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Salim v. Dynamic Glazing System Inc.

United States District Court, E.D. Michigan, Southern Division

February 7, 2018

MARVIN SALIM, et al., Plaintiffs,
v.
DYNAMIC GLAZING SYSTEM INC., Defendant.

          OPINION AND ORDER GRANTING IN PART AND DENYING IN PART DEFENDANT'S MOTION TO DISMISS [28]

          STEPHEN J. MURPHY, III United States District Judge

         The case is a seemingly straight-forward Fair Labor Standards Act dispute that has proven to be anything but. Plaintiffs allege that their former employer, Defendant Dynamic Glazing System Inc., unlawfully failed to pay overtime wages. ECF 1, PgID 6- 7. To date, the litigation has not been exemplary: the parties struggled to engage in cooperative discovery, missed deadlines, and failed to honor commitments made to the Court. See, e.g., ECF 11, 12, 13, 15, 17, 22. Recognizing that the parties needed help moving the case forward in a productive and efficient matter, the Court appointed Dan Sharkey to serve as a discovery master and facilitative mediator. ECF 17. Instead of the appointment having its intended effect, however, the case took a turn for the worse: Plaintiff Marvin Salim violated Local Rule 16.4(e)(5) by not attending a court-ordered facilitation. And worse yet, Salim was cagey-if not deceitful-when explaining why. Although representations were made that Salim was taking a commercial-driver-license course, Salim was actually either in jail or being released from jail at the time of the facilitation. In light of those events, Defendant requests that the Court either dismiss Salim's claims or provide an alternative form of relief. For the reasons set forth below, the Court will grant in part and deny in part Defendant's motion.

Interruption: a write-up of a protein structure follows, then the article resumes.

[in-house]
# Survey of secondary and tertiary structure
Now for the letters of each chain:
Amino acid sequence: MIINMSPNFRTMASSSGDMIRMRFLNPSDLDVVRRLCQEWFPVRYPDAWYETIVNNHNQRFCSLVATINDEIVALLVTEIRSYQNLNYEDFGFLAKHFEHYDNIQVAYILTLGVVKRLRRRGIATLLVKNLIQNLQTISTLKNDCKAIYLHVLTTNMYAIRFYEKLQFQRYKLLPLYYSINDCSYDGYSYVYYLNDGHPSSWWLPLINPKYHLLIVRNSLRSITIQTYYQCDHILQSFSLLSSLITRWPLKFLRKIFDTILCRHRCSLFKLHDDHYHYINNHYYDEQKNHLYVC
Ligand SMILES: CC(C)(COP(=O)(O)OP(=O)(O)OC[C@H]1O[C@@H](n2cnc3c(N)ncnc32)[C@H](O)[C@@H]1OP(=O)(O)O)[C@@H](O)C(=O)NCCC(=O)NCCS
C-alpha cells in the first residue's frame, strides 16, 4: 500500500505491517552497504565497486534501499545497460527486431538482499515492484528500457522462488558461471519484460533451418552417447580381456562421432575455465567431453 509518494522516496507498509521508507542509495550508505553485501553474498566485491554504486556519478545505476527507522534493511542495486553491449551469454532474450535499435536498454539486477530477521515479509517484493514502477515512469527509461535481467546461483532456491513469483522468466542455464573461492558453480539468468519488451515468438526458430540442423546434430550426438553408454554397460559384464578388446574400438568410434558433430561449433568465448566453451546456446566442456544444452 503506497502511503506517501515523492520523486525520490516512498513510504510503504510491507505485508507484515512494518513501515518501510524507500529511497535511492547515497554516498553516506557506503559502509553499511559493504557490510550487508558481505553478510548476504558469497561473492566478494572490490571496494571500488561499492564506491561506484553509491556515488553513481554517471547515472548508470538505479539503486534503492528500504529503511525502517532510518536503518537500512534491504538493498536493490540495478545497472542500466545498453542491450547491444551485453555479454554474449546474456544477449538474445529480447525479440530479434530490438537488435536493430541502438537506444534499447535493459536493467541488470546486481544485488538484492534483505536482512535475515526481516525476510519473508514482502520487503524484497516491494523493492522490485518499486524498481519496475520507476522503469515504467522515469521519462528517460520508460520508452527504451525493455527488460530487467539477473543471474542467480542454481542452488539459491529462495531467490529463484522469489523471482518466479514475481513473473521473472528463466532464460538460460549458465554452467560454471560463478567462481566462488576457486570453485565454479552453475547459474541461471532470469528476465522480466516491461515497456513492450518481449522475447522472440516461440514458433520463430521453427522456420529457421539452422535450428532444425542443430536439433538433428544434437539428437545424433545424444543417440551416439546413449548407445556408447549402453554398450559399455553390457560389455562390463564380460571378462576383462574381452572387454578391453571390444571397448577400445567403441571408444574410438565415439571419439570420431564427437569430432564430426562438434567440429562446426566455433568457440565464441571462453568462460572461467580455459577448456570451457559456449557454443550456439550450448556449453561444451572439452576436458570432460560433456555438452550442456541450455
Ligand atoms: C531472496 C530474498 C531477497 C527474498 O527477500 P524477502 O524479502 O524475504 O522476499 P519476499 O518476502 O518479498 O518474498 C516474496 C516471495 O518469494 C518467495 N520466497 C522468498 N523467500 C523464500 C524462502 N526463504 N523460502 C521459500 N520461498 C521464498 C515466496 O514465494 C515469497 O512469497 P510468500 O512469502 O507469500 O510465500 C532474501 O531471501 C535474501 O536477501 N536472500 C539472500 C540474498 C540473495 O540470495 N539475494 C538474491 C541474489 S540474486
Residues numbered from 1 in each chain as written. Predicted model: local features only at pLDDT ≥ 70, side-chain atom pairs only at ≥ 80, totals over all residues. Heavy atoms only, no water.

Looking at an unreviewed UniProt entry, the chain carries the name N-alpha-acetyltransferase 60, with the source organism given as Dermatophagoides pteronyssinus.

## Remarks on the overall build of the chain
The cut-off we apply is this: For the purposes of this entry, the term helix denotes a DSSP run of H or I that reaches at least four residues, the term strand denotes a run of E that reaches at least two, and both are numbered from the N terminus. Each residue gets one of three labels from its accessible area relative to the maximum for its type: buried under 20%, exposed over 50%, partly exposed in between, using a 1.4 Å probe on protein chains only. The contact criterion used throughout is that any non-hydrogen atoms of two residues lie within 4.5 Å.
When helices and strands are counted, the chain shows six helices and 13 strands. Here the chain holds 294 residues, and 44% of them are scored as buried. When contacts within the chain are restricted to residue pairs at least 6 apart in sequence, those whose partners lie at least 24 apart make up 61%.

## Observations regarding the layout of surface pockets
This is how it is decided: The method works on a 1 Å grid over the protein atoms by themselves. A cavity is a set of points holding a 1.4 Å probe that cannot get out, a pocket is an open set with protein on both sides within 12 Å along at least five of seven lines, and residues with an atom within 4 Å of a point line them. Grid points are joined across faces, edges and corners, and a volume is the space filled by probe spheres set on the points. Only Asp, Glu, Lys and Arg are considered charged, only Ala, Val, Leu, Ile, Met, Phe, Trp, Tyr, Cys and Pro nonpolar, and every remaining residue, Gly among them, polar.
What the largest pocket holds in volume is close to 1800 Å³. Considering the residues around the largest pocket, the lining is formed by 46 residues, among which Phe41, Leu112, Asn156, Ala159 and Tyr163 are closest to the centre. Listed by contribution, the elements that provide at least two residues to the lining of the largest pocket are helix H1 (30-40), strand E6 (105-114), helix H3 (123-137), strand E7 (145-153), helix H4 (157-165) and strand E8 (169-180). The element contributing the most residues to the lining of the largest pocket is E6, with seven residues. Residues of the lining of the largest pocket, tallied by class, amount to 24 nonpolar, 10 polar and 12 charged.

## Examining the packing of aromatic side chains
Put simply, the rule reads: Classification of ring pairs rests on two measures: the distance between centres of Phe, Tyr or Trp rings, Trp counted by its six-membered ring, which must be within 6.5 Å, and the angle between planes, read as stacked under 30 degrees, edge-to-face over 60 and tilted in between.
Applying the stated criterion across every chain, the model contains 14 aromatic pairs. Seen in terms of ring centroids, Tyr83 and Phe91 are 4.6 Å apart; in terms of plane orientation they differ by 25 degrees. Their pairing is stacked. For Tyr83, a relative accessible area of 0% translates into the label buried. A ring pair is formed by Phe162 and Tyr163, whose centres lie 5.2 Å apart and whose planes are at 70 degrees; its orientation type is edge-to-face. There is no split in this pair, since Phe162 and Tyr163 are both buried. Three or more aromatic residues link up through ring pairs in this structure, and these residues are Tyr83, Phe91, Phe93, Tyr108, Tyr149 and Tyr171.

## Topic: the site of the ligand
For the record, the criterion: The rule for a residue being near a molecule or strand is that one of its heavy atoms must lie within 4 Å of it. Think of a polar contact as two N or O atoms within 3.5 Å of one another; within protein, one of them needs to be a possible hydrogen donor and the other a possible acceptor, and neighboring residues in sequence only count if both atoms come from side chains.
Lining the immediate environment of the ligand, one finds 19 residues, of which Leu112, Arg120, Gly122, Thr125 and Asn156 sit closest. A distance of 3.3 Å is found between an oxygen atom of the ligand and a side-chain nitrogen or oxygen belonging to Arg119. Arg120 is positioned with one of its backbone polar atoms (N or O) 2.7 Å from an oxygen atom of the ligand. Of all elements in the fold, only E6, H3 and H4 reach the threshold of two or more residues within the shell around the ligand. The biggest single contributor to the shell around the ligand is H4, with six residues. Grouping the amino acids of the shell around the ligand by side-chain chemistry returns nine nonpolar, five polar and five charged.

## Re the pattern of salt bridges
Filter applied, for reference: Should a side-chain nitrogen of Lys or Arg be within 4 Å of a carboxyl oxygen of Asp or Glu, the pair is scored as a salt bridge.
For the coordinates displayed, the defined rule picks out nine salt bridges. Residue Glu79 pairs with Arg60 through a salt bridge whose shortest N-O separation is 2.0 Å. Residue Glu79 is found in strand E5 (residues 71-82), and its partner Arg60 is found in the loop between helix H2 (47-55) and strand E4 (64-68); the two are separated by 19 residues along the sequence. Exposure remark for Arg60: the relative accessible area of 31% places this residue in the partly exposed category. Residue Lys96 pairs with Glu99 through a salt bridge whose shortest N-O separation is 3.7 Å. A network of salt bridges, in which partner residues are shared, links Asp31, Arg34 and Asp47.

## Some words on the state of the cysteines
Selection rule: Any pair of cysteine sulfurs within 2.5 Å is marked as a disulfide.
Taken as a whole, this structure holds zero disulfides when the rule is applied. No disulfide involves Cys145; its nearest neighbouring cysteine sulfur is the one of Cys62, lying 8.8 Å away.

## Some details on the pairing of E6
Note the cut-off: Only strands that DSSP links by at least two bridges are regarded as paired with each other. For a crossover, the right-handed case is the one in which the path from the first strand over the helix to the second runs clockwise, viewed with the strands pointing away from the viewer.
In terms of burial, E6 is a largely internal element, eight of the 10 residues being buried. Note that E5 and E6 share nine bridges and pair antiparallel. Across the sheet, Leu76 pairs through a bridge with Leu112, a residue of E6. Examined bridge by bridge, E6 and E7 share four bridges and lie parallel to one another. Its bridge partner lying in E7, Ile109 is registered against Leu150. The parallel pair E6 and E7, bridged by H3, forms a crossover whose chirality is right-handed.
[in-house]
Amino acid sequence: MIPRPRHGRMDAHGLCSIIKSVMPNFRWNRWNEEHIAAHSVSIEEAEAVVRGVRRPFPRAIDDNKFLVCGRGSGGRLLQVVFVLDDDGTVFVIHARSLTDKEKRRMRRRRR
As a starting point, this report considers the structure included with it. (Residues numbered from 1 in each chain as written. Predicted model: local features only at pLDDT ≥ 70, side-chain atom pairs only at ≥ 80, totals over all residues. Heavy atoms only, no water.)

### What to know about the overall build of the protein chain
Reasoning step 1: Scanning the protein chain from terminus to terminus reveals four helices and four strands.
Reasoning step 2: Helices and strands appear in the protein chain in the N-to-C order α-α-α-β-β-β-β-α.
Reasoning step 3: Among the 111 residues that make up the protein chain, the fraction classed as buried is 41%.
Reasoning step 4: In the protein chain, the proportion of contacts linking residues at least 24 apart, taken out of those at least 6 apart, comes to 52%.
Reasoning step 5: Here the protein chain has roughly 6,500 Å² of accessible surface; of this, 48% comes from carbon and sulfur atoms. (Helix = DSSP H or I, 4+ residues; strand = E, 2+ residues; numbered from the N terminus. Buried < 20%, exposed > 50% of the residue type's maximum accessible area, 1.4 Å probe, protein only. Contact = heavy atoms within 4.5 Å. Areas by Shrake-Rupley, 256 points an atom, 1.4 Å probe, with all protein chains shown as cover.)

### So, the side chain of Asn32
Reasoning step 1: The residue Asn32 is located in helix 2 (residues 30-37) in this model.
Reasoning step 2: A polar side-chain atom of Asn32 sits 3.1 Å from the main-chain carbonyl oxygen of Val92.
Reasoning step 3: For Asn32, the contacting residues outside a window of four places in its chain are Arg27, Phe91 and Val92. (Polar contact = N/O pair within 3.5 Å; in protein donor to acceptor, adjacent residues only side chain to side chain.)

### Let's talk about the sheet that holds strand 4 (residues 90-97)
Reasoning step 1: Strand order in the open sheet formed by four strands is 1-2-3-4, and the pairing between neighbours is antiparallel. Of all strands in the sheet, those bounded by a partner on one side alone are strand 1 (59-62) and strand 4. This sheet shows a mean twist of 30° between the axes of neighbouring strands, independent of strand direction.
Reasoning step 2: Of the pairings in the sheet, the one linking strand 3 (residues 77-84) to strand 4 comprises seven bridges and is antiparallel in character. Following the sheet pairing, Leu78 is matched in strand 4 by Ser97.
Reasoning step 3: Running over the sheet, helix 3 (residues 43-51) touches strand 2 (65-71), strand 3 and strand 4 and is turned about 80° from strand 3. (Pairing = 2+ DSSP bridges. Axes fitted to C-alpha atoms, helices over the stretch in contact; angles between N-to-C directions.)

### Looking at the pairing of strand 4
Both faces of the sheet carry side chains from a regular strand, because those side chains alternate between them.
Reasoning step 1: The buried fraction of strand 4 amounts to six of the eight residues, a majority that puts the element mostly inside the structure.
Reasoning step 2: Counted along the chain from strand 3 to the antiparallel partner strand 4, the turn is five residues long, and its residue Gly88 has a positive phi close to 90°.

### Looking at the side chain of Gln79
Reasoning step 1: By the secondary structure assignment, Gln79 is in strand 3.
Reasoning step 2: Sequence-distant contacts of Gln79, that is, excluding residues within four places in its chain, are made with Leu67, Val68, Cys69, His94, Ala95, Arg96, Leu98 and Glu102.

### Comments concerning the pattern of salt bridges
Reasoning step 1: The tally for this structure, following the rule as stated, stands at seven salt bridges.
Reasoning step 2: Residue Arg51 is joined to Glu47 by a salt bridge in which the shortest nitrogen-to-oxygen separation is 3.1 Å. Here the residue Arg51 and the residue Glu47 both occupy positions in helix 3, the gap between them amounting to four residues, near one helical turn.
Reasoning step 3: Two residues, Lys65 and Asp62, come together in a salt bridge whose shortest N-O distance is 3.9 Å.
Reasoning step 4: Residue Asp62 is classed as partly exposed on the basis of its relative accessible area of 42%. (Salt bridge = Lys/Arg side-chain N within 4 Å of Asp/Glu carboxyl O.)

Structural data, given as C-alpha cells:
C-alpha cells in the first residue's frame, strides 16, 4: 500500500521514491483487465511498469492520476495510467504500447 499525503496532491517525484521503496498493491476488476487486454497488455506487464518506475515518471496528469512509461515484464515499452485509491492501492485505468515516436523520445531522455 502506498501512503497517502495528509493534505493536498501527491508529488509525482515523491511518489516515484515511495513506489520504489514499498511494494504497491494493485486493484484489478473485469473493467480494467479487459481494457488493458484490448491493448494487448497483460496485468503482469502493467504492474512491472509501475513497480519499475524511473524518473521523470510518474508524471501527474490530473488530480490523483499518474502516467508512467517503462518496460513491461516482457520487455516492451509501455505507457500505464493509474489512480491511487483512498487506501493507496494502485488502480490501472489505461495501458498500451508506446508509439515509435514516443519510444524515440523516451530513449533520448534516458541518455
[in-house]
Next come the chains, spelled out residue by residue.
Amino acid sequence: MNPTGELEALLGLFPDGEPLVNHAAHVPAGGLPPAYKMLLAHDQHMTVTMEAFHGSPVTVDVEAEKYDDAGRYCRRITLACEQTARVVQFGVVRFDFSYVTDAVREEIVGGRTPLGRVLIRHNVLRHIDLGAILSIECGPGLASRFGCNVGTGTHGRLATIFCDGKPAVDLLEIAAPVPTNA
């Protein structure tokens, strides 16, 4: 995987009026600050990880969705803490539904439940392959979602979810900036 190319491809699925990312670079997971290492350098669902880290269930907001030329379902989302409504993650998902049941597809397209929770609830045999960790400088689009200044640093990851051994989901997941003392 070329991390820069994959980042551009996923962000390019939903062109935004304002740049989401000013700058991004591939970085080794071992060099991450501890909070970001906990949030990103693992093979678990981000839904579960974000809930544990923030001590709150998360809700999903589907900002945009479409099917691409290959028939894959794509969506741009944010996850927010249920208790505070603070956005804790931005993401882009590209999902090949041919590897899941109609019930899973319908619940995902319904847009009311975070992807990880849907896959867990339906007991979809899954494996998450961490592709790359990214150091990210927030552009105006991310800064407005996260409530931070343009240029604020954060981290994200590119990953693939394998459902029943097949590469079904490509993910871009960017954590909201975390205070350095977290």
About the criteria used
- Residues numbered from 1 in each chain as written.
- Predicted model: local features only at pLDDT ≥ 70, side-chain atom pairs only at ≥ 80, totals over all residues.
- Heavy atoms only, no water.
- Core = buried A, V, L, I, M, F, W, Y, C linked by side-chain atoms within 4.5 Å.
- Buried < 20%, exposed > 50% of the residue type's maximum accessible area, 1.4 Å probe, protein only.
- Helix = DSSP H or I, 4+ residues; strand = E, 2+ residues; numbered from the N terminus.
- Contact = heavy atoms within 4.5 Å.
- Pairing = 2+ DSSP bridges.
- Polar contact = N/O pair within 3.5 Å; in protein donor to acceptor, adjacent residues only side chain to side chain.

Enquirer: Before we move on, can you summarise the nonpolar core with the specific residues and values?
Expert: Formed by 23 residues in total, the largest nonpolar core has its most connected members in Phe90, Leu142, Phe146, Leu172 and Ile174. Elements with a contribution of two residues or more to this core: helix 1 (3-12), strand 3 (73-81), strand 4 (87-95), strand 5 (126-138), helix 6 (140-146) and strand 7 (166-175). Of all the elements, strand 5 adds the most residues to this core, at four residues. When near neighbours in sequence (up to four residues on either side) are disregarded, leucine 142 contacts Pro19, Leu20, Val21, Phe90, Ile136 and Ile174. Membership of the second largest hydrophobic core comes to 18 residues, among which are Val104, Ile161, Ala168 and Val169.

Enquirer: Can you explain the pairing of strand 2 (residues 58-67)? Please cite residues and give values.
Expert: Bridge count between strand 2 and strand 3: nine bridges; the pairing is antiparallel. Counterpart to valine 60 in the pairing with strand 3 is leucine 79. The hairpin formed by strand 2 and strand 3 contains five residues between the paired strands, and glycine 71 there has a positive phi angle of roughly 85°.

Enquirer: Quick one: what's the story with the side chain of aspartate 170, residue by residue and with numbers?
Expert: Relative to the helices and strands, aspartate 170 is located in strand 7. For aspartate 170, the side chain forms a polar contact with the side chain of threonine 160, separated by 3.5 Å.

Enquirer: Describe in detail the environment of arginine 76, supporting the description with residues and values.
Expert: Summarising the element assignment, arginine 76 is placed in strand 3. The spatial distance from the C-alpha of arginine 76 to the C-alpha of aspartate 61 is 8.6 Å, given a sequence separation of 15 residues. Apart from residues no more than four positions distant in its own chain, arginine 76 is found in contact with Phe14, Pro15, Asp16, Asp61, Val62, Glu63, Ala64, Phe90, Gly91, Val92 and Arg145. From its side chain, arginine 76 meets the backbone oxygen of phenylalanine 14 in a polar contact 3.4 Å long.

Courts are vested with certain implied powers to "impose silence, respect, and decorum, in their presence, and submission to their lawful mandates." Chambers v. NASCO, Inc., 501 U.S. 32, 43 (1991). The Court's inherent power includes the power to punish contempts; and the power extends to conduct both inside and outside of the courtroom. Id. at 44. When the Court exercises its inherent power, however, it must do so with restraint and discretion. Id.